Arts & Books
As Israel reaches 50, Jo Glanville reveals how a Victorian gentile, George Eliot, played a central part in the birth of its national language
Ted Hughes's angry poems tell us almost nothing original about Sylvia Plath. But they do reflect his own self-image as calm, antique England to Plath's excitable American innocence
Zbigniew Brzezinski belongs to that realist school of geopoliticians whose advice is best ignored. His hard-headed approach to American hegemony masks an irrational hatred and fear of Russia
How can we explain the ubiquity of alien abduction claims and other paranormal phenomena? AC Grayling is a philosopher who believes that science can explain both the stories and why some people need...
Natasha Walter's book on the new feminism has been reviewed mainly by young women-not always kindly. Nicolas Walter is a man from an older generation and the author's father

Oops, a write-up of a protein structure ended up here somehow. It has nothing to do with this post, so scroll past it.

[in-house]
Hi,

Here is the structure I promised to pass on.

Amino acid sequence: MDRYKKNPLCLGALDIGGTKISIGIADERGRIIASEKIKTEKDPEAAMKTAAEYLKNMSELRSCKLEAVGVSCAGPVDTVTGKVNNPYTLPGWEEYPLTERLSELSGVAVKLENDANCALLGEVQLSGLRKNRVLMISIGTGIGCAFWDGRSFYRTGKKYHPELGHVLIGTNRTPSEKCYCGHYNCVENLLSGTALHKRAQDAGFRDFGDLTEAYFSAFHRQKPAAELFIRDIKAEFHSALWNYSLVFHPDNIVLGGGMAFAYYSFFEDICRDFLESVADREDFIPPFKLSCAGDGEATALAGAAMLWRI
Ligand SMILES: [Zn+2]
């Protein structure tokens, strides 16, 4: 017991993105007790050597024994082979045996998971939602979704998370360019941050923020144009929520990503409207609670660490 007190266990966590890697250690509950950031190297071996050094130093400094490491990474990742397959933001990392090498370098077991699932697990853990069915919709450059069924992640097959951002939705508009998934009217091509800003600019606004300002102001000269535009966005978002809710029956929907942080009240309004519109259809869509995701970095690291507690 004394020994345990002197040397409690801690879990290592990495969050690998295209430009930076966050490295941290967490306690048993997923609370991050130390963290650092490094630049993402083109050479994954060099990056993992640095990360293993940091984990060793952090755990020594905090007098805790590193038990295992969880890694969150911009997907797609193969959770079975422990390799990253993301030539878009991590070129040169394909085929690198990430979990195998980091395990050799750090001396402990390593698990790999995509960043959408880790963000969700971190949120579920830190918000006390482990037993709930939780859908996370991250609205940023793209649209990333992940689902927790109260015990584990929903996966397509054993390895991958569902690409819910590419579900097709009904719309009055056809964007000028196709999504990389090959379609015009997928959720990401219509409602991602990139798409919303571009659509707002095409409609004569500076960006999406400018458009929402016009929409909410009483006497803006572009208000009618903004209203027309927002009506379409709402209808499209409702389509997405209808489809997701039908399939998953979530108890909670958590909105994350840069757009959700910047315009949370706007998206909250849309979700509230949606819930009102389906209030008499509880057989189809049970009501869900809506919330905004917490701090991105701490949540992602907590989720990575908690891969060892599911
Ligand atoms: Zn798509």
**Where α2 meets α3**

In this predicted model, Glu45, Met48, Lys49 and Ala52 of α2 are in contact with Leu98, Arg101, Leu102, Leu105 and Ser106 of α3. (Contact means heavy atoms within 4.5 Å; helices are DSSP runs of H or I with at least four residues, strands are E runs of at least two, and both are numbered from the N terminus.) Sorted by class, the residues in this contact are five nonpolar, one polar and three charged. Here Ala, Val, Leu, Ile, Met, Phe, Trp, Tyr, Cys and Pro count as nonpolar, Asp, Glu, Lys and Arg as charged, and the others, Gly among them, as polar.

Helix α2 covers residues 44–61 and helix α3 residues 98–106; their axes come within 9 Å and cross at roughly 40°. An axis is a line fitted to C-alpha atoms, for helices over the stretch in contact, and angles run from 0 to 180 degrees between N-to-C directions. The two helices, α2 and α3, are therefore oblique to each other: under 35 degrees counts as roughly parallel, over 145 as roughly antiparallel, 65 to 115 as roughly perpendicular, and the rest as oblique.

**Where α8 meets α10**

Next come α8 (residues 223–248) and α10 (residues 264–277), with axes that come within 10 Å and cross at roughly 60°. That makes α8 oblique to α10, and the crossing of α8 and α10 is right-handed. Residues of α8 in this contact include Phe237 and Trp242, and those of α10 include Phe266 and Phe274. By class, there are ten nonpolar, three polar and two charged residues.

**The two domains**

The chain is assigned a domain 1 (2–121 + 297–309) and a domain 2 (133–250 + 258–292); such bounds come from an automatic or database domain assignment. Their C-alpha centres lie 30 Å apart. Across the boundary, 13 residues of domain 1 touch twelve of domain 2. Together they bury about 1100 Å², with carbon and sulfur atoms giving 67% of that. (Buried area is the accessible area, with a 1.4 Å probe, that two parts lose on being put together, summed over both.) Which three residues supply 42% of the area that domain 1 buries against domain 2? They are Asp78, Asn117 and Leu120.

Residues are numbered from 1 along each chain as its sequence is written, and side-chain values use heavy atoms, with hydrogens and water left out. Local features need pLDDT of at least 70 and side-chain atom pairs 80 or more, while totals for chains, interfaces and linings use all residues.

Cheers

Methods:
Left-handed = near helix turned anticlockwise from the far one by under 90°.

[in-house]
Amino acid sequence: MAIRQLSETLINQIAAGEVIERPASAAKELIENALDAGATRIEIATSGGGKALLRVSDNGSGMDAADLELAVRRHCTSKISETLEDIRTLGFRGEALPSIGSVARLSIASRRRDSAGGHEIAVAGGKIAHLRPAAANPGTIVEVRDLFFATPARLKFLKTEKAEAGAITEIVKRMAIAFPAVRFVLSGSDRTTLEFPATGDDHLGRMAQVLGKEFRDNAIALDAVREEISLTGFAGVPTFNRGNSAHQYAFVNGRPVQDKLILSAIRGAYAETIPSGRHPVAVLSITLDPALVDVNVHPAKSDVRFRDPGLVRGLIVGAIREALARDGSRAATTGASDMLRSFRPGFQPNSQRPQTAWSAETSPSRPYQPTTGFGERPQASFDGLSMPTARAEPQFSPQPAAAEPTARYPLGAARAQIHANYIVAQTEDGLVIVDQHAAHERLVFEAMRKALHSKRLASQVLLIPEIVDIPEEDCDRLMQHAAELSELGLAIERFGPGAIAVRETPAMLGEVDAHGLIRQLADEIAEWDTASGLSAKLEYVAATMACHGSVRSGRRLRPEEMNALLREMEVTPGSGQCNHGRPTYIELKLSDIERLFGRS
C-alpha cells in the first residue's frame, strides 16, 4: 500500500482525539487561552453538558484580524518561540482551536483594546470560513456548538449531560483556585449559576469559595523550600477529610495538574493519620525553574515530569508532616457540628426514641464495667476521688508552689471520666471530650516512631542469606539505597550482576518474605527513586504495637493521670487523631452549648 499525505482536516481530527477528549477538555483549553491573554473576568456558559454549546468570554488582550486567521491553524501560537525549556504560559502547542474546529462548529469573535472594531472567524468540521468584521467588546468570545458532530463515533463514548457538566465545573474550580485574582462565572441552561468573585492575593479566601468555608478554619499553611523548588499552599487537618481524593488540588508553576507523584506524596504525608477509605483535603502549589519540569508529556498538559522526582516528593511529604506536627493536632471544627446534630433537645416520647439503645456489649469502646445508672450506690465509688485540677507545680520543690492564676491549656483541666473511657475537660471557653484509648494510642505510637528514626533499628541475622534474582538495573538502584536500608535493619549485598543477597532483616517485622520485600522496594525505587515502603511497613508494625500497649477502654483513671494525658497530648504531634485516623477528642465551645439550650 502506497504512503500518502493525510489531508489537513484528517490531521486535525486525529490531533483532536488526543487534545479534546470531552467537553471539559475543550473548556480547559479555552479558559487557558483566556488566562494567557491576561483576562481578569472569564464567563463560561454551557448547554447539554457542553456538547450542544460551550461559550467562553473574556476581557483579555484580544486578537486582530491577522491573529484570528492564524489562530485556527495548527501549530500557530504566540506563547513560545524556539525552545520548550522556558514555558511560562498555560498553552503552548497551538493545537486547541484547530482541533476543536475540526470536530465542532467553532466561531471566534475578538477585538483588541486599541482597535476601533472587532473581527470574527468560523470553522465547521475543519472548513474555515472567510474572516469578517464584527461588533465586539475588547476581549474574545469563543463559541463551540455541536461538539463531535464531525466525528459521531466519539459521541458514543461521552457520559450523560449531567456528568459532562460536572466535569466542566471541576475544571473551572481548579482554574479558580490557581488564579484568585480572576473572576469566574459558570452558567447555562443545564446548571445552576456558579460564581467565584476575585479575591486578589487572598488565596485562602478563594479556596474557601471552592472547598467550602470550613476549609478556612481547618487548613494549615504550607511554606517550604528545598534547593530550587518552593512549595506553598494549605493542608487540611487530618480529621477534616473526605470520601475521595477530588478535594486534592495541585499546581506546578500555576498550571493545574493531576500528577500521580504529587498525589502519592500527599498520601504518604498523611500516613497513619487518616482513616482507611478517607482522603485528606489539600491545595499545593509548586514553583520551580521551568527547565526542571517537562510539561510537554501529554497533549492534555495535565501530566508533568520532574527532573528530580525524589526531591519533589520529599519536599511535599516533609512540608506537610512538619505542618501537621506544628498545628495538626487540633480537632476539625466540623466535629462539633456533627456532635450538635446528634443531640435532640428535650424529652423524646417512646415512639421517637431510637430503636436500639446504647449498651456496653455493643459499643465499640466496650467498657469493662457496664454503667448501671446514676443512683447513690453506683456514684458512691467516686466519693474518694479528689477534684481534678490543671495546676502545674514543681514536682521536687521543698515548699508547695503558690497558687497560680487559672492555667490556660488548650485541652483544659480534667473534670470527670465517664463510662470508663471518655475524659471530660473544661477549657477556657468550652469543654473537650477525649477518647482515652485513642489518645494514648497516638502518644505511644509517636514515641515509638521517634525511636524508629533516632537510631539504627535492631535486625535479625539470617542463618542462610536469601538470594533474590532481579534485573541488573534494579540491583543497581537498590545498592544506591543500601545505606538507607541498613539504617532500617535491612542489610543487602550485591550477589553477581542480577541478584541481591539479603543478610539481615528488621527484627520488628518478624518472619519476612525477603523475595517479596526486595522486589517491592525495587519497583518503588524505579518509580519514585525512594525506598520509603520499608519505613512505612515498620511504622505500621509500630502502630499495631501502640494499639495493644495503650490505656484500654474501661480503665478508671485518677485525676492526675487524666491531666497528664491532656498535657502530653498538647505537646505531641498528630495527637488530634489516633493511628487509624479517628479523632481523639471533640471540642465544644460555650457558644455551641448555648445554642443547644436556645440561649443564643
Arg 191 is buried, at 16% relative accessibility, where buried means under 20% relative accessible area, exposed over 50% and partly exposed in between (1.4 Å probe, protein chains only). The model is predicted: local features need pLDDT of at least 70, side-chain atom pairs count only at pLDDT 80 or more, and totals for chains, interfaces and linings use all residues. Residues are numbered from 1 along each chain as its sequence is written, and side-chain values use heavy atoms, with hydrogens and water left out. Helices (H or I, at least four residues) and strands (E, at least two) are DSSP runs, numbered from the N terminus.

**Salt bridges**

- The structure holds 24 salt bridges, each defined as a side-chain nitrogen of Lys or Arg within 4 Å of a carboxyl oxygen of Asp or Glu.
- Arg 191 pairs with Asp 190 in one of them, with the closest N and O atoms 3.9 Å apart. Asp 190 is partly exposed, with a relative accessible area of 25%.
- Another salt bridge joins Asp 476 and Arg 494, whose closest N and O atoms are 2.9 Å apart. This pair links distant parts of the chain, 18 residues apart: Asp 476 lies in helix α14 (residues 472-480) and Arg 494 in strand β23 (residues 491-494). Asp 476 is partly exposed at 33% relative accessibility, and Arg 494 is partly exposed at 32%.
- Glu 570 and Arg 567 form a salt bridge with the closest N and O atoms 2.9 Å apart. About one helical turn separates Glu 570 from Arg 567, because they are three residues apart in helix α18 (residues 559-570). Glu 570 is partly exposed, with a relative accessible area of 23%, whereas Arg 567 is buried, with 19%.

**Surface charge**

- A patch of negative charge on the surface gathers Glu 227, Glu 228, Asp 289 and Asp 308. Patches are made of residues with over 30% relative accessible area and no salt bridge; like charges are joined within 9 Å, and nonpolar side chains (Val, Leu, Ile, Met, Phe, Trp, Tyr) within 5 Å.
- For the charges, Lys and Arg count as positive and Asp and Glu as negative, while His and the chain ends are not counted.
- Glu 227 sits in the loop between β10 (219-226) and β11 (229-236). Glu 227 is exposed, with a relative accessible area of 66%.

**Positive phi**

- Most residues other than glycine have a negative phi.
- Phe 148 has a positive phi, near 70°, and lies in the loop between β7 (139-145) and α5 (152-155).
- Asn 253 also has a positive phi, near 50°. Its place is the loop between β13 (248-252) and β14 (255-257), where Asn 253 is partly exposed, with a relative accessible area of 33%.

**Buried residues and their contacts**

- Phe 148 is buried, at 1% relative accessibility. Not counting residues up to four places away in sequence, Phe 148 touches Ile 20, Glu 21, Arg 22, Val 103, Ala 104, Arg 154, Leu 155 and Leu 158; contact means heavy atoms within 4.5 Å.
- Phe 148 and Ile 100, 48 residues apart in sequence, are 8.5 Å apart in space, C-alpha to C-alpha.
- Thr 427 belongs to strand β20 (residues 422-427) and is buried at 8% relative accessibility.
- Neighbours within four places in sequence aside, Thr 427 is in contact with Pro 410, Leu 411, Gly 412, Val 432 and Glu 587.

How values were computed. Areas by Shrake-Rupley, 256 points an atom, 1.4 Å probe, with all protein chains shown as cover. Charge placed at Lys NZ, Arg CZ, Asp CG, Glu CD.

To the right, he is an apostate; to the left, a sinner who repented. Anthony Dworkin argues that John Gray's intellectual journey is more complex: he is a progressive who does not believe in progress
In the last issue of Prospect, Frederic Raphael declared that anybody recommending The Reader must have a tin ear for fiction and a blind eye for evil. AS Byatt was incensed-The Reader, she argues,...
Gordon Brown has made it up with the IFS and needs help on reforming savings
The end of the Soviet Union has released a flood of new histories of Russia and communism. Edward Skidelsky recommends two-one describes the tragedy of an idea, the other of a people